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Initial post 2 days ago by Margaret Furness
The Rose Society of South Australia had a competition at their spring rose show, for the public to vote on their favourite scent of a dozen or so anonymous roses. Forget Me Not won (the competition included Pope John Paul II and Ispahan). I think though it is shameful that it has 9 names in addition to the breeder code.
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Reply #1 of 5 posted yesterday by Jay-Jay
I can imagine, that Line Renaud won the contest.
Over here still pumping out very fragrant flowers in fall.
The scent is complex and intriguing!
I didn't know, that it was also named Forget-Me-Not.
I had to look up that name.
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Reply #2 of 5 posted yesterday by Margaret Furness
Roses aren't supposed to be given names of other plants, but that guideline, like so many, is ignored. I assume the Forget-Me-Not name is the reason it was used as a fundraiser by the Alzheimer's Society in Australia.
I like forget-me-nots (Myosotis) but in Australia they can become invasive, like so many.
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Reply #3 of 5 posted yesterday by Jay-Jay
"Vergeetmenietjes" they are called in Dutch. (Translated Forgetmenots) And not for mourning, but not to forget some-one still alive. After a depart.
I saw them made of Murano Glass mosaic in a photo-frame, around a photo of some-one who died.
Myosotis is the Latin name, in France it is too called: ne-m’oubliez-pas. (Don't forget me)
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Reply #4 of 5 posted yesterday by Margaret Furness
I didn't realise that it was the same in French. Forget-me-nots were common in 19th century mourning jewellery in Britain (but I just had a look on E**y and there was almost nothing)..
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Reply #5 of 5 posted today by Jay-Jay
Like this-one, I meant Margaret: https://link.marktplaats.nl/m1202727162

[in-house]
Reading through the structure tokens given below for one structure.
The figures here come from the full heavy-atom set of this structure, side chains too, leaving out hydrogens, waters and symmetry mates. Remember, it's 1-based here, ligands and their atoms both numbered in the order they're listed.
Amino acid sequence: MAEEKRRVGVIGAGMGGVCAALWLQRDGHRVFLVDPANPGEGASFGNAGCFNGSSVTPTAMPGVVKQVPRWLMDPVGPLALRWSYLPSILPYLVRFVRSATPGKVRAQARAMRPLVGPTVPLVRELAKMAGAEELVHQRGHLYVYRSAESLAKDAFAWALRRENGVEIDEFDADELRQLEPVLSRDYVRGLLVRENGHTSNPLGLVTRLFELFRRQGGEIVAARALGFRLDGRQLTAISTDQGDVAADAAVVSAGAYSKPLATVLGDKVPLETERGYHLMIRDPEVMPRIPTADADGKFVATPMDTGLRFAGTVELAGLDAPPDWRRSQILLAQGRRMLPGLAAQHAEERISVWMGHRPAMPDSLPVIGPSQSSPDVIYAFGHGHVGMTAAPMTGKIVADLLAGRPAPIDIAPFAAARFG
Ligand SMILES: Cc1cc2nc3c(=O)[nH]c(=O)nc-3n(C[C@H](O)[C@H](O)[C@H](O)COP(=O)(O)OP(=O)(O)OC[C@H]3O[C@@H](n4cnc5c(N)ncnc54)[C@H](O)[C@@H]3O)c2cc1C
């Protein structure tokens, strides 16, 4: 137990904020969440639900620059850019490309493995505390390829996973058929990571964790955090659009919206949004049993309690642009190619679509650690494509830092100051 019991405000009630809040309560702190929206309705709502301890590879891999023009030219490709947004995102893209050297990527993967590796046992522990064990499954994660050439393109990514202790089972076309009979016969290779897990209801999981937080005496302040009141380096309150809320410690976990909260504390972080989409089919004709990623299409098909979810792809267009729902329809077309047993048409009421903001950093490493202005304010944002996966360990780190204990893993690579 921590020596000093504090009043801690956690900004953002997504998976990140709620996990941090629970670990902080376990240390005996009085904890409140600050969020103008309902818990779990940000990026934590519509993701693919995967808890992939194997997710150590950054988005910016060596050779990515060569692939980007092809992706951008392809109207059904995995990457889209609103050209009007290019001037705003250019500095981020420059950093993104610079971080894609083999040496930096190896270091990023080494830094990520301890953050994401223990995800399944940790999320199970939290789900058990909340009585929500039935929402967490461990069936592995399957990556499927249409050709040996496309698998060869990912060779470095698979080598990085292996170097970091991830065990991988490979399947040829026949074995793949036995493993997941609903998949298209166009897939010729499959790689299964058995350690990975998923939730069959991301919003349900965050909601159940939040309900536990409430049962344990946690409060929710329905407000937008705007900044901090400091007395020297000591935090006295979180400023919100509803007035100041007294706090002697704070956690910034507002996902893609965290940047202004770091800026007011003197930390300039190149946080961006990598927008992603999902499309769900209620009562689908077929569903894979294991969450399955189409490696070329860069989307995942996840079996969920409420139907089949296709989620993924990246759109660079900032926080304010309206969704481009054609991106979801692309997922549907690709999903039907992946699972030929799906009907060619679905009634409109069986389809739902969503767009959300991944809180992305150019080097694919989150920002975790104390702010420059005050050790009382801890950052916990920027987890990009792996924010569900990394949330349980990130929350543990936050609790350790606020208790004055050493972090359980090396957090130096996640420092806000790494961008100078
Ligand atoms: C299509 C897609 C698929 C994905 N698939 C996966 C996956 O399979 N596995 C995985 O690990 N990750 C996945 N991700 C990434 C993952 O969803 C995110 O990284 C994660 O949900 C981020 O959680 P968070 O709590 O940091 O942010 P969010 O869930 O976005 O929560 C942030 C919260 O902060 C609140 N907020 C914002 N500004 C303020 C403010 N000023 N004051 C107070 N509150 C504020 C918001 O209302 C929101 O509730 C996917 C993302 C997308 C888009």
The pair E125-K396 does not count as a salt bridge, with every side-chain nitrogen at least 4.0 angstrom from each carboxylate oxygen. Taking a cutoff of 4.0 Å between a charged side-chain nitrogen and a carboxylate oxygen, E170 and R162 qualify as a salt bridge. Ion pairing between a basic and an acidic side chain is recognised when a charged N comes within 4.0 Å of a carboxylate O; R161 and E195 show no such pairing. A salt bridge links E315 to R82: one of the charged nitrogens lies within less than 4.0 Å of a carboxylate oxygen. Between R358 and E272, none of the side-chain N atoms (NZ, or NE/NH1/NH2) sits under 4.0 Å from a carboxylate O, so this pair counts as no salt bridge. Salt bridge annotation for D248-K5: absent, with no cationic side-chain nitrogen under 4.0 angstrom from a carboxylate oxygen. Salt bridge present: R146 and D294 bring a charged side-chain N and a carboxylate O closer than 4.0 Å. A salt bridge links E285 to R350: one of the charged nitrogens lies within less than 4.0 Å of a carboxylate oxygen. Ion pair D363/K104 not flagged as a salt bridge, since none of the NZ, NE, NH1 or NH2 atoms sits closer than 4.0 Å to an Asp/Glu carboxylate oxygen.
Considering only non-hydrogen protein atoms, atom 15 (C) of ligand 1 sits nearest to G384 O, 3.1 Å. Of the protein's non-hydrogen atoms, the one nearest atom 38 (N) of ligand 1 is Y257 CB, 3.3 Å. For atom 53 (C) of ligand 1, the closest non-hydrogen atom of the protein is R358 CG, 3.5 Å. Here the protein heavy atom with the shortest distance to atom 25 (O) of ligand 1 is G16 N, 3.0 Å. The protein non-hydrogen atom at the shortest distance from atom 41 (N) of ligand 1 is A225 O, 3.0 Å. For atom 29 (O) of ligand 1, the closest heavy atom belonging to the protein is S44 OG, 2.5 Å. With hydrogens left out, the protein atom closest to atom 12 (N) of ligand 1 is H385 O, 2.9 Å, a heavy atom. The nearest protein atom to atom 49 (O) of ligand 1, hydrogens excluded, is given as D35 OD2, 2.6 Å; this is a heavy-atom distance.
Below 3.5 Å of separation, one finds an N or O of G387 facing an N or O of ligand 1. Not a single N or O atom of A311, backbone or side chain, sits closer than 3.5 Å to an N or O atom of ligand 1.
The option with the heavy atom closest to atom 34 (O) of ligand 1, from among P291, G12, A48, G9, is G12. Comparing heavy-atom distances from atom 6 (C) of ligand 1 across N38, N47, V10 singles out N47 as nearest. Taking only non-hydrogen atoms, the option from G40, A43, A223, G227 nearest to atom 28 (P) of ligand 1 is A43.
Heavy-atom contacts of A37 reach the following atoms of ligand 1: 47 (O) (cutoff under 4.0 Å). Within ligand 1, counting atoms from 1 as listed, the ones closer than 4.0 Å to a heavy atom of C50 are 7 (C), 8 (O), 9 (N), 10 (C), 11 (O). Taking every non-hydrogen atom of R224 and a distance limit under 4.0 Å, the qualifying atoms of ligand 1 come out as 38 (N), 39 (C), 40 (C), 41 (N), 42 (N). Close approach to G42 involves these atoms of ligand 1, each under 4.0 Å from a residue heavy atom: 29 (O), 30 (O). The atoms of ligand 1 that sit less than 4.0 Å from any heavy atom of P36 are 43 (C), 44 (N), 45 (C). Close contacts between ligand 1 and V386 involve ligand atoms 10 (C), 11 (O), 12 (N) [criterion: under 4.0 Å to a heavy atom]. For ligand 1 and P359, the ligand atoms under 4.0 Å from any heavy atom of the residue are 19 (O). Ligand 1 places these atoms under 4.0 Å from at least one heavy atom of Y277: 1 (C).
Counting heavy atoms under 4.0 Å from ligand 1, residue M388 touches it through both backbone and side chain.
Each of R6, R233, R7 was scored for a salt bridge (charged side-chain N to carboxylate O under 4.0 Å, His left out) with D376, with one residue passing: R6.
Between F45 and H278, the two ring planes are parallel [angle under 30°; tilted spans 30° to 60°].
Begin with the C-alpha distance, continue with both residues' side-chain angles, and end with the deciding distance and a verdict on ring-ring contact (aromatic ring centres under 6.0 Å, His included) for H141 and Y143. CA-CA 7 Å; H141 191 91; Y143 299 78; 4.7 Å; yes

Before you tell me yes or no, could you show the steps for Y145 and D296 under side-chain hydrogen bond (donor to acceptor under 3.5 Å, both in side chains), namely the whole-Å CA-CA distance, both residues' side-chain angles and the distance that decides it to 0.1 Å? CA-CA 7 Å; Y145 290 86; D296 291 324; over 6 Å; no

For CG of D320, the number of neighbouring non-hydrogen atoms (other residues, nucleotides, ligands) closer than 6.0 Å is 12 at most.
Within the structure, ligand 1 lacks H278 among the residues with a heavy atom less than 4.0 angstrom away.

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Initial post 2 days ago by NikosR
Is Albertine self cleaning or does it hold on its wasted blooms for the rest of the year? This is important to know for rampant ramblers like this if one does not feel deadheading a large rambler under the heat is an enjoyable passtime.
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Reply #1 of 5 posted 2 days ago by Patricia Routley
The 2011 reference says:
" Later the bloom dies most ungracefully and hangs on to its dead petals. Not in a spreading way, but losing all oomph in the petal and just collapsing to hang like a wet dishcloth in the middle of the pretty cluster."

Nevertheless, I would not be without it.
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Reply #2 of 5 posted yesterday by Jay-Jay
The dead flowers hang for a while, but after a while, when the hips swell, the petals disappear. But maybe that was due to a lot of rain and wind.
Will observe this next year.
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Reply #3 of 5 posted yesterday by Andrew from Dolton
If you blast the bush with a leaf blower it will remove a lot of the dead flowers. This also works quite well for Camellias.
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Reply #4 of 5 posted today by Margaret Furness
Interesting thought. Someone advised me to deadhead a "ground-cover" rose with a golf-club.
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Reply #5 of 5 posted today by Jay-Jay
hole in one!
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Initial post today by Alexday
It's overall an alright rose... Looks kind of awkward as it blooms in clusters on top, maybe it is wrongly categorized as a hybrid tea?? No fragrance to speak of which is disappointing as it was labeled as "moderately strong". It can look red sometimes. A healthy rose, but if I knew it was not fragrant I wouldn't have bought it.
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Initial post yesterday by Eisrose
Rose Listing Omission

Mascaret

New variety for 2017/2018 season.
http://www.roses-orard.com/rosiers-a-fleurs-groupees/356-mascaret.html
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Reply #1 of 1 posted today by Patricia Routley
Thank you Eisrose. 'Mascaret' added.
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